The London Fire Brigade had its busiest day since World War II on Tuesday as firefighters received more than 2,600 calls and at one point were fighting 12 fires simultaneously, Mayor Sadiq Khan said.
“Normally we get 350 calls a day, on a busy day we can get up to 500 calls. Yesterday the fire service had more than 2,600 calls a day,” Khan said Wednesday.
At least 41 properties were destroyed by fires in the capital, Khan said.
Despite lower temperatures, the fire danger remains high because hot, dry weather has parched grassland around the city, Khan said.
“Once it catches fire it spreads incredibly fast, like wildfires like you see in movies or in fires in California or in parts of France…,” Khan told the BBC. “I’ve just spoken to the fire commissioner. He’s still concerned about the ground being dry and the speed of fire spreading.”
Speaking to Sky News, Khan accused Conservative leadership candidates vying to succeed Prime Minister Boris Johnson of ignoring “the elephant in the room” of climate change.
“Look, it’s unarguable now that the weather we’ve faced in our city and in our country over the last few days is a direct consequence of climate change,” he said, according to The Guardian.
“We should be dealing with the consequences of climate change adaptations of our cities and country, public transport homes and so forth, but also dealing with the causes of climate change as well,” Khan said.
London was one of 15 locations across the United Kingdom to declare a major incident on Tuesday as firefighters battled blazes.
Sixteen firefighters were injured around the capital with two taken to the hospital, the London Fire Brigade said.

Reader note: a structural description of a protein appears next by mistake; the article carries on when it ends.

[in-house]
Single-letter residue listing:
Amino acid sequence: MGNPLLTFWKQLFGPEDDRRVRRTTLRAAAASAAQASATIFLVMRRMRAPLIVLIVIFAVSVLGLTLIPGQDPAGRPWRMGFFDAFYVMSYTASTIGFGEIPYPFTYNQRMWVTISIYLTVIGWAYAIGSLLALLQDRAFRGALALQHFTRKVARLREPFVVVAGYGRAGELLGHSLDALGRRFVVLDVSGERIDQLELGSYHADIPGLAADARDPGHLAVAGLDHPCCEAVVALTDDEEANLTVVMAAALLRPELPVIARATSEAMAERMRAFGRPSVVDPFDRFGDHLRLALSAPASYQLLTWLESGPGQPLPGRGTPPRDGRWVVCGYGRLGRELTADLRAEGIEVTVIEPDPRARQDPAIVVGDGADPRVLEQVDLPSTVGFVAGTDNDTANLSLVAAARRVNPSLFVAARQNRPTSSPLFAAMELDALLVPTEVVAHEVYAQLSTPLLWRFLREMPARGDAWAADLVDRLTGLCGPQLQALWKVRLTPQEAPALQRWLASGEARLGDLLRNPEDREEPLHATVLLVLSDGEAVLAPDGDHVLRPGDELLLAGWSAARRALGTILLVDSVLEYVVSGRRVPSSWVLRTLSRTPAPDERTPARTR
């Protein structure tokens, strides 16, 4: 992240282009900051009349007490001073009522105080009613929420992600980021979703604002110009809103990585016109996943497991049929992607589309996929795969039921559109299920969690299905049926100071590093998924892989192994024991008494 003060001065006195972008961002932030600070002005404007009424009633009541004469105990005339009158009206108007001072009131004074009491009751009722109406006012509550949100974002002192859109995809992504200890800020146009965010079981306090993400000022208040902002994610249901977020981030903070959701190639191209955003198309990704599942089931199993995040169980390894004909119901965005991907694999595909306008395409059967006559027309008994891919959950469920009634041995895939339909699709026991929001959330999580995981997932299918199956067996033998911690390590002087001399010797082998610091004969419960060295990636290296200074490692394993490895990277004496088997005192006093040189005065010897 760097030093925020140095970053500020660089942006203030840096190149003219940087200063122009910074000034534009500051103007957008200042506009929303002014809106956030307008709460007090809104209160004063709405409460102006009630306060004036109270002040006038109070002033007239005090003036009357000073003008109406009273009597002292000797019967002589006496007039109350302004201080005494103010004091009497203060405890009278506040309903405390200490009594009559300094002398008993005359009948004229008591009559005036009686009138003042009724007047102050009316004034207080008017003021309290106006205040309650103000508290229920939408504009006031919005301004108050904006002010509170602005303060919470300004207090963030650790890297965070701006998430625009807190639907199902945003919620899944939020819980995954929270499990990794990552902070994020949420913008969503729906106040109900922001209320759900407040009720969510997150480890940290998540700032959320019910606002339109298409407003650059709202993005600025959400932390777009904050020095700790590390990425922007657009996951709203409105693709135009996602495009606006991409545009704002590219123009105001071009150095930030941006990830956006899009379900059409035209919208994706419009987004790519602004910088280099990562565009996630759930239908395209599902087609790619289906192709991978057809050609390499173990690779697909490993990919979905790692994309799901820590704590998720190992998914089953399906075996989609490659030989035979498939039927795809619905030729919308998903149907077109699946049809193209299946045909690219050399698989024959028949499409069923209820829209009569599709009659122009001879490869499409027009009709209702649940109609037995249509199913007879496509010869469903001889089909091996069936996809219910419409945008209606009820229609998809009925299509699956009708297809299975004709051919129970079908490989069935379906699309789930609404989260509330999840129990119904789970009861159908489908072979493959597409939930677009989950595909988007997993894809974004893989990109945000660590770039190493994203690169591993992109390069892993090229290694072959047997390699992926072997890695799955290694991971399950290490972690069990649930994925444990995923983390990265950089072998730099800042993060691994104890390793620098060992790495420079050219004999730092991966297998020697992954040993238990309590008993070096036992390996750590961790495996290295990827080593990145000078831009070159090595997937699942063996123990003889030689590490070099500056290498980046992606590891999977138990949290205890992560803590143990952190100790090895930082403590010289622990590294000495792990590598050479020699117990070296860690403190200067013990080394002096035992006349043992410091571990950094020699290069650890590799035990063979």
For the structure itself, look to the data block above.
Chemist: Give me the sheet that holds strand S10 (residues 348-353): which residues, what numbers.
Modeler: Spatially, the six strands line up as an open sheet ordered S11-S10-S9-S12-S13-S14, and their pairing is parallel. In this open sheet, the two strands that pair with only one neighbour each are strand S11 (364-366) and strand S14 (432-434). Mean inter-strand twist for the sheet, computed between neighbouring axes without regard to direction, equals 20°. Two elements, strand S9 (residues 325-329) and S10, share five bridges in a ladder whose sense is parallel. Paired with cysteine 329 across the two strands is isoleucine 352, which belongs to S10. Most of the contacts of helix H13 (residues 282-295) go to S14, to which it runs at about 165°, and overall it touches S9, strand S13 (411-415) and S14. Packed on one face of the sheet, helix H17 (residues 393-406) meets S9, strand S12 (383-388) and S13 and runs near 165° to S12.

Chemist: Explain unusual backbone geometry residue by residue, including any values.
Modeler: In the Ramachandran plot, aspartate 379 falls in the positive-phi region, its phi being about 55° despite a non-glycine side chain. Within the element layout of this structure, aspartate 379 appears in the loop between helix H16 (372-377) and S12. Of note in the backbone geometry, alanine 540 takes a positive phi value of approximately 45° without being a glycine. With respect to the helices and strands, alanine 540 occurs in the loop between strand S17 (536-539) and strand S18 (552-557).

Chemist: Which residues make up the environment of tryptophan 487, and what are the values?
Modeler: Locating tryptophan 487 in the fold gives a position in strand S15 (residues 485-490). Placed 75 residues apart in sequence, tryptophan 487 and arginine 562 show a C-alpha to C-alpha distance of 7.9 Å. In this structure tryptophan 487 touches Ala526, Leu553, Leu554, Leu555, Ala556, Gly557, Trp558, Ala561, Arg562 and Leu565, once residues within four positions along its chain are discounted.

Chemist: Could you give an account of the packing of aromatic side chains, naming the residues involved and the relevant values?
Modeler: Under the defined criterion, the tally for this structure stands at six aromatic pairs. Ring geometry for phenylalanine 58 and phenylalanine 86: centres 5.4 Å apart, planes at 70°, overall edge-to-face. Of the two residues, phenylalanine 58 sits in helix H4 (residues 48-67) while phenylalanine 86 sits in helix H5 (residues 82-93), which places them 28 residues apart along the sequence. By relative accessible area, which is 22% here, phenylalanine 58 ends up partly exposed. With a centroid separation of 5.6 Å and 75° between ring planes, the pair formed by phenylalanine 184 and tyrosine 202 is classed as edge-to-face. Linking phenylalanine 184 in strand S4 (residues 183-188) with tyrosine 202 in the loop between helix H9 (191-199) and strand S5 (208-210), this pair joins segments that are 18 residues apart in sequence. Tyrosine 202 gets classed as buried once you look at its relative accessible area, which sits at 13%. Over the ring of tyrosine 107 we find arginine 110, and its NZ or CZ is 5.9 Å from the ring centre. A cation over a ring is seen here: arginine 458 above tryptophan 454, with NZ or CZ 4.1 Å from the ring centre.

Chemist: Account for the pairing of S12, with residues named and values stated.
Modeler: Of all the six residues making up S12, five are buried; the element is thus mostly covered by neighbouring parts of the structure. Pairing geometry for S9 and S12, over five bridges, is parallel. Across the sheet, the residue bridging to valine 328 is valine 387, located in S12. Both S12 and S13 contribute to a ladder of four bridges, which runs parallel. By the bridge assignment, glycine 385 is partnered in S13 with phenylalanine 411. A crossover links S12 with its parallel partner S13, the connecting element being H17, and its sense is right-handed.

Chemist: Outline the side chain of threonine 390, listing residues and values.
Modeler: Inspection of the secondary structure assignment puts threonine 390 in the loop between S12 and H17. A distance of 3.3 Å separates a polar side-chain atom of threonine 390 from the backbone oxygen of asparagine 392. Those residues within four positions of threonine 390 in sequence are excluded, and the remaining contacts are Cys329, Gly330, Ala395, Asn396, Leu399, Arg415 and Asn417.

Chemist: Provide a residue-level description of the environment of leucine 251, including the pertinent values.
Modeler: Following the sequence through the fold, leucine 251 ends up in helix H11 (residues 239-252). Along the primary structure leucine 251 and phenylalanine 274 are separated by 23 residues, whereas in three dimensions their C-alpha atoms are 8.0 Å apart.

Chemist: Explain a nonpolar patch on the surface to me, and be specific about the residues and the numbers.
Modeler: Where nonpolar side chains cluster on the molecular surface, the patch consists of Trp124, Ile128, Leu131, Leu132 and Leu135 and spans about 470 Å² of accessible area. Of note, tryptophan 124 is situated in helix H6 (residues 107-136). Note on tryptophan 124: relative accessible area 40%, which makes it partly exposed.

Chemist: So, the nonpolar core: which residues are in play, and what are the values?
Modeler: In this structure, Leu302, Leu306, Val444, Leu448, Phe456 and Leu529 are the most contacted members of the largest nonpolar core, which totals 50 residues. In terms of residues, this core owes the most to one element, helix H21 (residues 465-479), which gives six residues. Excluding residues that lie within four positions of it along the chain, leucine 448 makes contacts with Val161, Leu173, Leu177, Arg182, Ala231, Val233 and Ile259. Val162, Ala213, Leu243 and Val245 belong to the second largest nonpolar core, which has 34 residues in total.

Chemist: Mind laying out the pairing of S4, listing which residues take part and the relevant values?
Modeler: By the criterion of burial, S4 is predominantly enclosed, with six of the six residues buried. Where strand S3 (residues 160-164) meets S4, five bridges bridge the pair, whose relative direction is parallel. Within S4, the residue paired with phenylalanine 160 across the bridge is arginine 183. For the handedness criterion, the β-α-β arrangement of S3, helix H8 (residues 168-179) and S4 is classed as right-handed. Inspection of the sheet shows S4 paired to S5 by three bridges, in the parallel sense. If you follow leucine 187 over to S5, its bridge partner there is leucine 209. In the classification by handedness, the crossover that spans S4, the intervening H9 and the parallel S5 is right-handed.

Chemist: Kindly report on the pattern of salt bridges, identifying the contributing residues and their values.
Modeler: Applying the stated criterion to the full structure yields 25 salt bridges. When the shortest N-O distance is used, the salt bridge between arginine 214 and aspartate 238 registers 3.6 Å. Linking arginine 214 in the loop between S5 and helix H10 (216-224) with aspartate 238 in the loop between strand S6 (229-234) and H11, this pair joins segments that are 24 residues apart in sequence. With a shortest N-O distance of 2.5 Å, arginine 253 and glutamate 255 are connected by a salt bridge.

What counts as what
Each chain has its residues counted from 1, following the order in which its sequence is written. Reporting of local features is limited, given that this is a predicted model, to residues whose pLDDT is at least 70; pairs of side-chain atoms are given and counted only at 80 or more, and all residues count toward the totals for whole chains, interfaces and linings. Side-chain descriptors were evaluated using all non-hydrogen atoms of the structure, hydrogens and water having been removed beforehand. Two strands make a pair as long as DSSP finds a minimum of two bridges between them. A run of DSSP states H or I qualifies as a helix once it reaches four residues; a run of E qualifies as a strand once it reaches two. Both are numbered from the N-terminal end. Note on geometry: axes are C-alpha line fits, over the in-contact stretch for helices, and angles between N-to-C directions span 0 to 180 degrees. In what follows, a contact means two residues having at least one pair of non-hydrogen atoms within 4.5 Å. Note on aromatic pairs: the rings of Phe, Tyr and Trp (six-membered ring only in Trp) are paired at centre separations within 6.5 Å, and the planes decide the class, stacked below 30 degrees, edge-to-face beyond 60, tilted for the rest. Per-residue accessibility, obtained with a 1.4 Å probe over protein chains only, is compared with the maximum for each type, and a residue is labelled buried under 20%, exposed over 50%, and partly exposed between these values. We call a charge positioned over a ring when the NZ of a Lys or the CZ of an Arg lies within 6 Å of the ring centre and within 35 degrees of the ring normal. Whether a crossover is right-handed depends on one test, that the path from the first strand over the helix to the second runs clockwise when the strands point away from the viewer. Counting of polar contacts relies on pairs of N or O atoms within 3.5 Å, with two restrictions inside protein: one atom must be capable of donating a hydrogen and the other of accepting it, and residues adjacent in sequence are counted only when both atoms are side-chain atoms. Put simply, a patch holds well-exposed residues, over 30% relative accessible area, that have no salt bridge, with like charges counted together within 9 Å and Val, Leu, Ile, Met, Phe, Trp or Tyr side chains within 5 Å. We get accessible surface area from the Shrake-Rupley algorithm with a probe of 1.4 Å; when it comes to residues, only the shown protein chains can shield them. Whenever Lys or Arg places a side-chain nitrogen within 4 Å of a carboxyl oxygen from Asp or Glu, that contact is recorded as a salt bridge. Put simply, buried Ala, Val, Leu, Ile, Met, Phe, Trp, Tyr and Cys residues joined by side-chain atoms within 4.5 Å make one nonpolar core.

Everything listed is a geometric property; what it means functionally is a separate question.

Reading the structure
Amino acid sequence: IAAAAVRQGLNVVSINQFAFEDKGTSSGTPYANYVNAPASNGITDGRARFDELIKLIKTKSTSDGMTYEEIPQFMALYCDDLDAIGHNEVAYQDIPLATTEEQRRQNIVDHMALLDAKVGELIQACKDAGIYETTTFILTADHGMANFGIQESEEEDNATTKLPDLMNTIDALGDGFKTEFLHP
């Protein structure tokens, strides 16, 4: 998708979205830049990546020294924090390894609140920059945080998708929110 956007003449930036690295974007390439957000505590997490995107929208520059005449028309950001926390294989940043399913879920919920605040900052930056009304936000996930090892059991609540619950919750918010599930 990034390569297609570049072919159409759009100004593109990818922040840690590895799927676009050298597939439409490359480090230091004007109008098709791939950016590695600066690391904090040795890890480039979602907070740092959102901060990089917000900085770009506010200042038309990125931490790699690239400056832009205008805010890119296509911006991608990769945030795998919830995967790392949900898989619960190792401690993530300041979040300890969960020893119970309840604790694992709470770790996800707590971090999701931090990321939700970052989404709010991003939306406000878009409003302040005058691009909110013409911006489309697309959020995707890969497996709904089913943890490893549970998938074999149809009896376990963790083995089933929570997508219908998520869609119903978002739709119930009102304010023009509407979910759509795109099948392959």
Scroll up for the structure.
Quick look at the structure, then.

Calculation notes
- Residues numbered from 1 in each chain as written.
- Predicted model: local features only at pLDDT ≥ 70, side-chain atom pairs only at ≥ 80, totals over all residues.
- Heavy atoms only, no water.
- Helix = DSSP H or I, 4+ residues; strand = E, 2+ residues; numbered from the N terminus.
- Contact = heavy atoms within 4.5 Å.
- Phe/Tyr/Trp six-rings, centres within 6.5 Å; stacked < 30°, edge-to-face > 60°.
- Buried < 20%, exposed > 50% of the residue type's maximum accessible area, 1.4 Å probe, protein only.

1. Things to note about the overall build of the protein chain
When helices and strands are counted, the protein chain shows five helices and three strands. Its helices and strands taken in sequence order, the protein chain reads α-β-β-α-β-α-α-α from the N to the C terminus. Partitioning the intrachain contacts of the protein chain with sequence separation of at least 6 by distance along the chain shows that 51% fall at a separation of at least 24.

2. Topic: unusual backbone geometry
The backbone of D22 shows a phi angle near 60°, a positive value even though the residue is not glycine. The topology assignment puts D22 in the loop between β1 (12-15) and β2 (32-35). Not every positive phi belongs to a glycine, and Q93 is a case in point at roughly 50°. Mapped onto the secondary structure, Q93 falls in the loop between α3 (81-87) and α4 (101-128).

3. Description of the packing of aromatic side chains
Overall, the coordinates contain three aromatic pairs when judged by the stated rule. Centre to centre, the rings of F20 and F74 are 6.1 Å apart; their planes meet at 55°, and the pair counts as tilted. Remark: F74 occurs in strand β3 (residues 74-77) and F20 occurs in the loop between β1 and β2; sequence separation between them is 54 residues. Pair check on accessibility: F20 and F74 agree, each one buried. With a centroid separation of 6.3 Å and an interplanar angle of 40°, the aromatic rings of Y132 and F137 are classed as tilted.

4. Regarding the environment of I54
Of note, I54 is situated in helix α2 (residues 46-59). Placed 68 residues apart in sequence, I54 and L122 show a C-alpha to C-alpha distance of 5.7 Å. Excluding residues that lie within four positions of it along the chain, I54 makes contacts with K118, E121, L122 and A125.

Britain’s record-breaking heat wave disrupted travel for a third day on Wednesday even as cloudy skies and showers brought relief from the scorching temperatures of recent days.
Forecasters predict London will reach a high of 26 Celsius (79 Fahrenheit) on Wednesday, down from the record 40.3C (104.4F) set Tuesday at Coningsby in eastern England.
Still, the main train line from London to Edinburgh will remain closed until noon as crews work to repair power lines and signaling equipment damaged by a heat-related fire on Tuesday, according to the London North Eastern Railway.
Meanwhile, climate demonstrators on Wednesday triggered a lengthy tailback on Britain’s busiest motorway encircling London, warning that the heatwave this week was a dire reminder for urgent action.
Members of the group Just Stop Oil climbed gantries over the M25 arterial motorway, causing police to intervene and vehicles to back up for several miles (kilometers) in one direction.
“This is the moment when climate inaction is truly revealed in all its murderous glory for everyone to see: as an elite-driven death project that will extinguish all life if we let it,” the activist group said.
The typically temperate nation of Britain was just the latest to be walloped by unusually hot, dry weather that has triggered wildfires from Portugal to the Balkans and led to hundreds of heat-related deaths. Images of flames racing toward a French beach and Britons sweltering — even at the seaside — have driven home concerns about climate change.
As the nation watched with a combination of horror and fascination, Met Office chief scientist Stephen Belcher said such temperatures in Britain were “virtually impossible” without human-driven climate change.
He warned that “we could see temperatures like this every three years” without serious action on carbon emissions.
The sweltering weather has disrupted travel, health care and schools. Many homes, small businesses and even public buildings, including hospitals, in Britain don’t have air conditioning, a reflection of how unusual such heat is in the country better known for rain and mild temperatures.
The intense heat since Monday has damaged the runway at London’s Luton airport, forcing it to shut for several hours, and warped a main road in eastern England, leaving it looking like a “skatepark,” police said. Major train stations were shut or near-empty Tuesday, as trains were canceled or ran at low speeds out of concern rails could buckle.